Let me first explain the original Pāli version of the fifth precept, according to what I learnt from prof. Richard Gombrich, who knows Pāli well and is a Theravāda scholar, but is not a Buddhist.
Surāmerayamajjapamādaṭṭhānā veramaṇī sikkhāpadaṃ samādiyāmi.
The last three words are the same for all precepts and mean "I undertake the rule of abstaining from". The key word here is surāmerayamajjapamādaṭṭhānā. It is a compound that can be split as follows: surā-meraya-majja-pamāda-ṭṭhānā. The literal translation is surā-meraya-majja-carelessness-occasion. Surā, meraya and majja are names of three intoxicating drinks, but we cannot be sure what they exactly were. So if we look at it literally, the rule deals with three specific drinks, and whether and how it shoud be extended to other intoxicants is a matter of interpretation.
The use of pamāda (carelessness) is even more interesting. Since it is a part of a compound, the grammar rules of Pāli tell us very little about how it should be interpreted. So the literal reading of the fifth precept could be either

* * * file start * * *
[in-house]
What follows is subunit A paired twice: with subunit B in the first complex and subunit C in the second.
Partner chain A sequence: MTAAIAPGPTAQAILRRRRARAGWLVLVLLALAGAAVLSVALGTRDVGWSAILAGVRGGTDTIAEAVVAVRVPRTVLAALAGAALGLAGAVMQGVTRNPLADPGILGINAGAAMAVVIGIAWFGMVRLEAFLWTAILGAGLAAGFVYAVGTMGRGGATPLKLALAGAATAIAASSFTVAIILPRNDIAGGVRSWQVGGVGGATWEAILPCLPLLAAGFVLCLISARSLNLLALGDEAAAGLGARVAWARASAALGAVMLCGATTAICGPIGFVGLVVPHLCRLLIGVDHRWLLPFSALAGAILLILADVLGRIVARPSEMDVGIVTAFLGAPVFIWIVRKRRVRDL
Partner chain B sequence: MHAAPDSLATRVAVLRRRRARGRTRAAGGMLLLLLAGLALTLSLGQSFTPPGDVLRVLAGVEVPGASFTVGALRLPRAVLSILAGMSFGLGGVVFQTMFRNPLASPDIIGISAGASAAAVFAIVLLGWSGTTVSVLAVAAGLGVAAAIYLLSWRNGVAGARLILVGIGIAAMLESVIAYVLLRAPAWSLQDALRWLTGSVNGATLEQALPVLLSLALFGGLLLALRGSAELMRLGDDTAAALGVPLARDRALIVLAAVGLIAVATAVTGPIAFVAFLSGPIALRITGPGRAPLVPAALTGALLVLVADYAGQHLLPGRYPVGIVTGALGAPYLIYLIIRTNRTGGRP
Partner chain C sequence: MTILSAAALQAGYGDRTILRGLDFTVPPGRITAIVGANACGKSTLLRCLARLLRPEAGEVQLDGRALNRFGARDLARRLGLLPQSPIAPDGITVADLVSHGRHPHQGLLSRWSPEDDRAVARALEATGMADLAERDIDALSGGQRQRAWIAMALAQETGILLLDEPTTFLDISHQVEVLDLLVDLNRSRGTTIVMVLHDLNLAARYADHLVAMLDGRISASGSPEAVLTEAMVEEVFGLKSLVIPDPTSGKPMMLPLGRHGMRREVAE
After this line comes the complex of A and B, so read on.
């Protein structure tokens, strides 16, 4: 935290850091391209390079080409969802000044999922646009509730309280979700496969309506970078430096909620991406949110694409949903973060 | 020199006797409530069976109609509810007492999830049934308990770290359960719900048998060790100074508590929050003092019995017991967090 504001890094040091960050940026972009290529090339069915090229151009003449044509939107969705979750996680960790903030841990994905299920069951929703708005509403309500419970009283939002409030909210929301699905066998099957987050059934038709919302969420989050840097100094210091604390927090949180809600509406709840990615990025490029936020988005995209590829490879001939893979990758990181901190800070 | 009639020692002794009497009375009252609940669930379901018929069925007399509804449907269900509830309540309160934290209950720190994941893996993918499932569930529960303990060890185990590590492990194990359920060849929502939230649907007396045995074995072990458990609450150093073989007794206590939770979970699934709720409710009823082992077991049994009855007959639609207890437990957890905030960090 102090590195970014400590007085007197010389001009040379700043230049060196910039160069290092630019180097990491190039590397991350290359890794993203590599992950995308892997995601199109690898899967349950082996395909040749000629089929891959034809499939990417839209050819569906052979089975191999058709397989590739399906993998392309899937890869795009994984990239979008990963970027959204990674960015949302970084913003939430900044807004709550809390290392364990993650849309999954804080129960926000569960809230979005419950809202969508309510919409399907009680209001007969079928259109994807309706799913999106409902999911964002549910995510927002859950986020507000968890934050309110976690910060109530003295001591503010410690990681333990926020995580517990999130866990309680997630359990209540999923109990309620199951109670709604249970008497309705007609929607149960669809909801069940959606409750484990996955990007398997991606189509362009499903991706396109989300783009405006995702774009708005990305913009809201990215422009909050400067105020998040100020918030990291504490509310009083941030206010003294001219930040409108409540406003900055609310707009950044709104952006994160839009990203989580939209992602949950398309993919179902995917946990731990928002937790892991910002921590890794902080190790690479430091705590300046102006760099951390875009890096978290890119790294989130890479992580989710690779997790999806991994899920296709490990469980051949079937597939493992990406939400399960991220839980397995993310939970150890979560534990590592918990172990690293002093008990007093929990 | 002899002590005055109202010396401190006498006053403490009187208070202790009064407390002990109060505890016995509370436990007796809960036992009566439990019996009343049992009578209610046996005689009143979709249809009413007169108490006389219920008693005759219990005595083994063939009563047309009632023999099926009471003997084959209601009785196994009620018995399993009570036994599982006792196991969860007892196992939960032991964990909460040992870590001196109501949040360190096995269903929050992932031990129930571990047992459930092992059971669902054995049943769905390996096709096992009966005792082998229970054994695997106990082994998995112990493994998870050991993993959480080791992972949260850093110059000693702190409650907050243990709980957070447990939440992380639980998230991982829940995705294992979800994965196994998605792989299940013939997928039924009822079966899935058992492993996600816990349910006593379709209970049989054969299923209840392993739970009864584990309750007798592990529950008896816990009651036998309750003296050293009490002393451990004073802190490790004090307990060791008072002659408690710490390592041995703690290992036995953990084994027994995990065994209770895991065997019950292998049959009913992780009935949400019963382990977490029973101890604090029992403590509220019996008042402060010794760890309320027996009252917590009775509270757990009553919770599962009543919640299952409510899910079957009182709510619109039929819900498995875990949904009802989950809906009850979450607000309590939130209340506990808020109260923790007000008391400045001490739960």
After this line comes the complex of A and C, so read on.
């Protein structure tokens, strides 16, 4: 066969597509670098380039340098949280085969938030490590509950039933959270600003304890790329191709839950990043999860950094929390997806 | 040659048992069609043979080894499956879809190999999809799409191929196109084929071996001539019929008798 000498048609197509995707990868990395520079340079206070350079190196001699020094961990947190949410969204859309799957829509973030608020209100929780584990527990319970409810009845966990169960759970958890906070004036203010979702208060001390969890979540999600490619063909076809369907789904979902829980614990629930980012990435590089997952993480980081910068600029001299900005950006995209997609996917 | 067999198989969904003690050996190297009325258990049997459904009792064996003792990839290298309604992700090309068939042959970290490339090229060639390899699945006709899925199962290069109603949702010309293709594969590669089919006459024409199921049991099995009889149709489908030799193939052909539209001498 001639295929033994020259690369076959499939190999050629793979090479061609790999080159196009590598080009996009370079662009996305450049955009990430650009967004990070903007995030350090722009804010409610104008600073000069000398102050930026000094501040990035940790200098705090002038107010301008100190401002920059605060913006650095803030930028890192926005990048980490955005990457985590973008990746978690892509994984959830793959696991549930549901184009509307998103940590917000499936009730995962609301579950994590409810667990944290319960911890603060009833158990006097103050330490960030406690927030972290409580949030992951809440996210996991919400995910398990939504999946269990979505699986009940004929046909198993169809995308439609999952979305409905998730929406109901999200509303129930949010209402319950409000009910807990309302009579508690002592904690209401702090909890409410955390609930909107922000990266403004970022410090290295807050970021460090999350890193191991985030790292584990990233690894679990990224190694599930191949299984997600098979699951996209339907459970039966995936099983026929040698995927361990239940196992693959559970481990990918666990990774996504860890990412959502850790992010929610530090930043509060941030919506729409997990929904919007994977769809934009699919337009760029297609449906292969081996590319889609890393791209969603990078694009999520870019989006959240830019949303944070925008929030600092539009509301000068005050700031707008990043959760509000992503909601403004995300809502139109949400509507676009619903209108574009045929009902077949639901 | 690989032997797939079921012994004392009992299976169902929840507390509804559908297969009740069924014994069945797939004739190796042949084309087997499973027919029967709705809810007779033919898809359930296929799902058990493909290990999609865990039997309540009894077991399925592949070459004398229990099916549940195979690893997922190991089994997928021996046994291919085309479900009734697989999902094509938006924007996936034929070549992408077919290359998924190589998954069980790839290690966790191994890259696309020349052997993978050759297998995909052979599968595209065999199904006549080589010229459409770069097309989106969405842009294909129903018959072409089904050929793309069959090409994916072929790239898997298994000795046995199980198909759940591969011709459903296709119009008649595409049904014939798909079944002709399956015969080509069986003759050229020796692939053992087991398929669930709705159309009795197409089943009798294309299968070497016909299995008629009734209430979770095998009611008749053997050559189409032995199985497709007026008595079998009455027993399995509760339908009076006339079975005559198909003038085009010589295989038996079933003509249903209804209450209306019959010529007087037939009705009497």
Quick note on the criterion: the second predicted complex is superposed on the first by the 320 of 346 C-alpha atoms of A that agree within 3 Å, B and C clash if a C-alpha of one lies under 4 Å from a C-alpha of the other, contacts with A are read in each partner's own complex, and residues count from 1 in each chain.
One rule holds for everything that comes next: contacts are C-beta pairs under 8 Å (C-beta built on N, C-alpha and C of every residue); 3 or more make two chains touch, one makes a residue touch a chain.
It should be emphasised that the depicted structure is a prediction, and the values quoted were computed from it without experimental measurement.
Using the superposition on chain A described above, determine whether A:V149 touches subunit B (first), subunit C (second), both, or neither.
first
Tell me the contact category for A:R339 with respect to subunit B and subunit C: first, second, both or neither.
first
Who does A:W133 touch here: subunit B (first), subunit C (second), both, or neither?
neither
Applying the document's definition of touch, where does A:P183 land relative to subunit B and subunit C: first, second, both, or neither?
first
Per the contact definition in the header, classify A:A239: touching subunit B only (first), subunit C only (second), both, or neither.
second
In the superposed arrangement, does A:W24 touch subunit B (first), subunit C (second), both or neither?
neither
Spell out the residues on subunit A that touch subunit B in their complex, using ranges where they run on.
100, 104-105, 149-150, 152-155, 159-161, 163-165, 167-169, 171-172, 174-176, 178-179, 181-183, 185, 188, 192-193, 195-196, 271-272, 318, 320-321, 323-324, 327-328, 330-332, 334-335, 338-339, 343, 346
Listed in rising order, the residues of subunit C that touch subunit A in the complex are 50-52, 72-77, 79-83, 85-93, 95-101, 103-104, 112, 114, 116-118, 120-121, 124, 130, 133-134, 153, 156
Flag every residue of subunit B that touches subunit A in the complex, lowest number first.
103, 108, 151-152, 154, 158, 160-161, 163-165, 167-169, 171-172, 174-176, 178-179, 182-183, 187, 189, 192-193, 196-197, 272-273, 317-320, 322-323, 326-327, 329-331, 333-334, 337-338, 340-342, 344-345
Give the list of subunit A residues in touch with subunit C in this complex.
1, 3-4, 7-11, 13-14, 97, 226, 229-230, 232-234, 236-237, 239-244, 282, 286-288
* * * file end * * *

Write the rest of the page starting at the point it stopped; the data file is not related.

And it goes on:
I undertake the rule of abstaining from surā, meraya and majja, because they cause occasions for carelessness.
I undertake the rule of abstaining from surā, meraya and majja, in so far as they cause occasions for carelessness.
Coming back to your question, there is no agreement among Theravāda Buddhists on which of the two readings should be used. There are quite a few who interpret it according to the latter reading and don't think that consumption of small amounts of alcohol is against the precept. But in any case, there is an agreement that surāmerayamajja should interpreted as alcoholic beverages in general. There is, however, a controversy on whether the precept is applicable to smoking.
To sum up, various Buddhist traditions have surely different views on that matter, but in any case, the word pamāda seems to be the key. It is what defines intoxicants, and - for traditions that allow some use of intoxicans - defines the limits of their use.